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October 23, 2023 | Private Equity “Landlords” Endangered By Falling House Prices

John Rubino is a former Wall Street financial analyst and author or co-author of five books, including The Money Bubble: What to Do Before It Pops and Clean Money: Picking Winners in the Green-Tech Boom. He founded the popular financial website in 2004, sold it in 2022, and now publishes John Rubino’s Substack newsletter.

Recessions are necessary to clear out malinvestment before it poisons the whole economy. But they also hurt a lot of people who don’t deserve it, so they’re not a cause for celebration.

Except when the people being hurt are private equity firms like Blackstone that have been buying up houses (sometimes entire neighborhoods) at inflated prices and then converting them to rentals (also at inflated rates), making fortunes by squeezing would-be homeowners out of the market.

Real estate investor and syndicated podcaster Michael Douville just forwarded a Twitter thread that hints at trouble brewing for Wall Street’s predator/landlords. Some highlights follow, but the thread is much longer and worth reading in its entirety.

[end Twitter thread]

Just the beginning

One house does not a stampede make, of course. But Wall Street has snarfed up over 1.2 million houses at prices higher than what will prevail in the coming year. And they did this with leverage, borrowing billions of dollars at (in retrospect) crazy-low interest rates. Now interest rates are up and house prices are falling, threatening a classic liquidity squeeze.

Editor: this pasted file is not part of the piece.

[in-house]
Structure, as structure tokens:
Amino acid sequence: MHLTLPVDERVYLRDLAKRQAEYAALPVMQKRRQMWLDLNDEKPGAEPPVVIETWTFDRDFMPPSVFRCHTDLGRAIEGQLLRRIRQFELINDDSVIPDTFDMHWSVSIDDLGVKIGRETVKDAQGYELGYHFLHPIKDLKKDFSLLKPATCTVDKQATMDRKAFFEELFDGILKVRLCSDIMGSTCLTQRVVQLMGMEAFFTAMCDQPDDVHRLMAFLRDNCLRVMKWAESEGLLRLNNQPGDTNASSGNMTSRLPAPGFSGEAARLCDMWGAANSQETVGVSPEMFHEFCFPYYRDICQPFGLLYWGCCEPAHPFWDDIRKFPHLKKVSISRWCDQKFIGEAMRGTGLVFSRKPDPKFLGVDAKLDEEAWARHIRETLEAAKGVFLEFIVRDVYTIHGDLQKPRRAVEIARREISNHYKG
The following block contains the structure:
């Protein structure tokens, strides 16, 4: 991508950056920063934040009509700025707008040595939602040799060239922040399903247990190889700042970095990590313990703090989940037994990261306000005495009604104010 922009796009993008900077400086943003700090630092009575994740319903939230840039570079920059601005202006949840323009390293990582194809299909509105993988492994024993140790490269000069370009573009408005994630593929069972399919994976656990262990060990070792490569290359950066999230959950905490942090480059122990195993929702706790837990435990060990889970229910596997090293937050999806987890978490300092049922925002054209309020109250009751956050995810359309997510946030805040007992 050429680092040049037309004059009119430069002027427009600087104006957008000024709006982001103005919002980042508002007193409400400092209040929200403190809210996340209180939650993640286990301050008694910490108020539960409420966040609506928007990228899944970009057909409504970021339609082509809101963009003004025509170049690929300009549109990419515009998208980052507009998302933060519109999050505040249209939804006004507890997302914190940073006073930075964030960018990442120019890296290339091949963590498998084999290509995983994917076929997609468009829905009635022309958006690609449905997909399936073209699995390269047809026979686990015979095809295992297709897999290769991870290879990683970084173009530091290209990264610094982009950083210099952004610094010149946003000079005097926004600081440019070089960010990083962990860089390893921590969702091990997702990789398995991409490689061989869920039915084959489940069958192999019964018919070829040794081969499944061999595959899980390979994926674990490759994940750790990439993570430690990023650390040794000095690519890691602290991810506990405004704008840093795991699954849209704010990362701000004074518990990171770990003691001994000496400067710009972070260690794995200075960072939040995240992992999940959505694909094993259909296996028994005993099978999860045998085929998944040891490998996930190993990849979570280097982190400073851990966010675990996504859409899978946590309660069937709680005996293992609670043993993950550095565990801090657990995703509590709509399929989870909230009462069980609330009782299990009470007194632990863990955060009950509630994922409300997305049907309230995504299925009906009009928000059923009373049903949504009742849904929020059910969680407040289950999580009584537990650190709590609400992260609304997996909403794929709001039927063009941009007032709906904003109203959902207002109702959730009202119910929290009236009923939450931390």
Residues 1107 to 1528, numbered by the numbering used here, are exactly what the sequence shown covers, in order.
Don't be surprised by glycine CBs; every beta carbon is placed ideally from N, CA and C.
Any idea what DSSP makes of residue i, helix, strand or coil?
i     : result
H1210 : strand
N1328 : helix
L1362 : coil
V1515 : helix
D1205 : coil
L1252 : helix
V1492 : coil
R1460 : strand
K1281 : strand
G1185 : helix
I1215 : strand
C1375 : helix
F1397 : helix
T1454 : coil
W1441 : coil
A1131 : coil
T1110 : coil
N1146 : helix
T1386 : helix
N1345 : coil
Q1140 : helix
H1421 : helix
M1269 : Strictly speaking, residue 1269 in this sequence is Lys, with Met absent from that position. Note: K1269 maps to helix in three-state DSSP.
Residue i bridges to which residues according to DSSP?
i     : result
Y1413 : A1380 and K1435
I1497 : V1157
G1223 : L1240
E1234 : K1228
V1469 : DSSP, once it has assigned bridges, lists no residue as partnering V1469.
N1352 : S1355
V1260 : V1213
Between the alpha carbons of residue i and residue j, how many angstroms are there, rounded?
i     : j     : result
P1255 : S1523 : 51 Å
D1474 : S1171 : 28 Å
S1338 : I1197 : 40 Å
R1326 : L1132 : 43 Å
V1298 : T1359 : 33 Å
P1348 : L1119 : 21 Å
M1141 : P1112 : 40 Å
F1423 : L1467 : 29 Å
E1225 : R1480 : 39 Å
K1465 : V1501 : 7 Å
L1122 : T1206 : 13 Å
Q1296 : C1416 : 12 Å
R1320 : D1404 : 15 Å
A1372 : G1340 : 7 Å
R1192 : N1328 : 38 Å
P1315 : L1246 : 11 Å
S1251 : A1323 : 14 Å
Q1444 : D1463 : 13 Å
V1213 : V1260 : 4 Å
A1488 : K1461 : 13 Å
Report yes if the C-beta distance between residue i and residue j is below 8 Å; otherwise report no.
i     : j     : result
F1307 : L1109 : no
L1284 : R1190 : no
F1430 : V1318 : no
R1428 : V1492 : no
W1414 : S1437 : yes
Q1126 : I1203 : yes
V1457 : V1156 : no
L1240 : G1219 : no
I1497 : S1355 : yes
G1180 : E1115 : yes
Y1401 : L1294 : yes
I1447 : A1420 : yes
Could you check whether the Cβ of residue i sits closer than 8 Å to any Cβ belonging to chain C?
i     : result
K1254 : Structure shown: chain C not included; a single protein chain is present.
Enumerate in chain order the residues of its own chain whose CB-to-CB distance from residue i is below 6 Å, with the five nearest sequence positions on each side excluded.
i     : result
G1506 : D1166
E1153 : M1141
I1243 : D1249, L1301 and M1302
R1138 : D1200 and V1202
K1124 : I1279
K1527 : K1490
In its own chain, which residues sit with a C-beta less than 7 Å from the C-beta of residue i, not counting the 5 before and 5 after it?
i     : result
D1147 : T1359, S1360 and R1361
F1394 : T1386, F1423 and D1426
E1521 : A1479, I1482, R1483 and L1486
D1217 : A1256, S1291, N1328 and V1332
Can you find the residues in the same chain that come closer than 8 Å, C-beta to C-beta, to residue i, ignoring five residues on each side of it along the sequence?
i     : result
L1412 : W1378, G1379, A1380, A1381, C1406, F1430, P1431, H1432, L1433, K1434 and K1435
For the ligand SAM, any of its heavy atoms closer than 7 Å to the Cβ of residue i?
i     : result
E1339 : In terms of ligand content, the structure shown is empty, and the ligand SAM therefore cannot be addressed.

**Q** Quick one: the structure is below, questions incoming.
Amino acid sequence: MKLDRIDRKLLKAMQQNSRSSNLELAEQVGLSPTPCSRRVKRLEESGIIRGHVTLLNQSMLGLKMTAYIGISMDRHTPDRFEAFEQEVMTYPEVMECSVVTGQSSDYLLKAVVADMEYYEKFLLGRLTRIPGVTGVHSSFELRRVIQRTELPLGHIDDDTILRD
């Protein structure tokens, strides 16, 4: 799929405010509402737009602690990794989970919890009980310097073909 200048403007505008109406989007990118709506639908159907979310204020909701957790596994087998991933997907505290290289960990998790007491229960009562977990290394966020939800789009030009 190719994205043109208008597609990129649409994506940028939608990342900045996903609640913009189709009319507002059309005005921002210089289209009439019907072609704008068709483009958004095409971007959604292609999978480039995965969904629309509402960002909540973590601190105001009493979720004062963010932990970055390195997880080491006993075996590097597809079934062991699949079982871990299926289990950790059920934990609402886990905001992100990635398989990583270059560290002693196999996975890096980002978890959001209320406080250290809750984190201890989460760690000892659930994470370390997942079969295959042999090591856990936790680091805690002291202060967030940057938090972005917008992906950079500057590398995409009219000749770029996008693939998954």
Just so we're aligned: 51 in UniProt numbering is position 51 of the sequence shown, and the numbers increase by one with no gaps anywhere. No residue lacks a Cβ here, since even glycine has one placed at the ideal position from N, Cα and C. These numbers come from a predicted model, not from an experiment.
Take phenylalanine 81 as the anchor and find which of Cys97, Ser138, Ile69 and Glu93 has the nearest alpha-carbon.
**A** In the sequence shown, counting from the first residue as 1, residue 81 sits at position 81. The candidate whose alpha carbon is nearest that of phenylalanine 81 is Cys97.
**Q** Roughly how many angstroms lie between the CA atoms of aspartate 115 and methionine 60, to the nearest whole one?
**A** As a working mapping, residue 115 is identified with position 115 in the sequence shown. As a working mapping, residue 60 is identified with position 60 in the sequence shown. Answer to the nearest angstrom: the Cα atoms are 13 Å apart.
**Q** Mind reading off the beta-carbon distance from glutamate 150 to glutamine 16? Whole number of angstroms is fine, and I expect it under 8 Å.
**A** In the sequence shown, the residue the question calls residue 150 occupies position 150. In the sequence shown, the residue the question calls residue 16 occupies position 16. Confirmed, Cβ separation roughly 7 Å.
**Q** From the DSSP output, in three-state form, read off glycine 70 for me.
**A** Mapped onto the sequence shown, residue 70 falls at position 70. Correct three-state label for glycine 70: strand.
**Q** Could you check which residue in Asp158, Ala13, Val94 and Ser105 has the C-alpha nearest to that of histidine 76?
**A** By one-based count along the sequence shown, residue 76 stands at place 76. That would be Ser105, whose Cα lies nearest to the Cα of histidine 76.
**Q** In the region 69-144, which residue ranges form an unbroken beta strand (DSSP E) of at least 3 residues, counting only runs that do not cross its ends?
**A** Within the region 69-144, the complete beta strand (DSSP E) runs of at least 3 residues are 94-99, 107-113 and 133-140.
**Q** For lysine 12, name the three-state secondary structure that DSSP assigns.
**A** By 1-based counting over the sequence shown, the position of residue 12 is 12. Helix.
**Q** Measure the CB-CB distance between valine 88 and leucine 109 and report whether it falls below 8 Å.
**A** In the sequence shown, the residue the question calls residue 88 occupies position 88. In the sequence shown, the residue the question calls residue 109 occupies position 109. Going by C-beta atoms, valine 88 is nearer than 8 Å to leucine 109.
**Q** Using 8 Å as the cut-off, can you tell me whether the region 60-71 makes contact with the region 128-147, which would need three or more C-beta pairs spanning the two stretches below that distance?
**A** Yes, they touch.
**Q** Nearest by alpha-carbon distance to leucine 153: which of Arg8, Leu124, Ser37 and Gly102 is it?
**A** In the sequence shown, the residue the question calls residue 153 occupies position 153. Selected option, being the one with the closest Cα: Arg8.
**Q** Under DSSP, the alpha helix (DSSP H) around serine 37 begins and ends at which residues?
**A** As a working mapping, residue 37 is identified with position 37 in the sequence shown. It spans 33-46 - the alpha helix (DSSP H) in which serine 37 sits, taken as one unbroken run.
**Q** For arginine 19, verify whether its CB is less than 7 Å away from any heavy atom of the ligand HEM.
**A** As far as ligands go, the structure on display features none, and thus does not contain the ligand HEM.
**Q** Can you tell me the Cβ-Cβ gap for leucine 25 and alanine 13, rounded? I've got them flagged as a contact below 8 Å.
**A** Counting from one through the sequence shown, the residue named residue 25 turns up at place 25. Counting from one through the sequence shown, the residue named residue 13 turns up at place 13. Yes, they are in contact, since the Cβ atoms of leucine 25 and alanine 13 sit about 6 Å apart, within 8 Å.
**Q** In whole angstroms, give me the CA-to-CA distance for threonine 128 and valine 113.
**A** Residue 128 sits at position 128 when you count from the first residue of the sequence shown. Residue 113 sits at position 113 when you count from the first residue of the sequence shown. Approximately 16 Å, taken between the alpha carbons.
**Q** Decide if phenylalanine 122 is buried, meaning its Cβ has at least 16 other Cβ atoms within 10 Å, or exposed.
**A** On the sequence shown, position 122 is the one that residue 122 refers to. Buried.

Here’s a chart illustrating the above point. In real estate, the “cap” rate is basically the return expected on an investment. Note how it used to be way higher than the yield on a 10-year Treasury bond, but now the two are pretty much equal. So why buy real estate when the same return is available with a risk-free bond?

Private equity landlords are about to be reminded that leverage works both ways, as refinancing their debt becomes prohibitively expensive while selling their houses will generate debilitating capital losses. Unless they get out before everyone else.

But getting out quick won’t be easy, what with Airbnb entrepreneurs learning the same leverage lesson and preparing to dump their illiquid assets ASAP. The resulting flood of new listings might convert the housing market from shortage to glut in the space of a year, with brutal consequences for overleveraged financial operators.

This is, in short, one of those times when a little schadenfreude is perfectly okay.

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October 23rd, 2023

Posted In: John Rubino Substack

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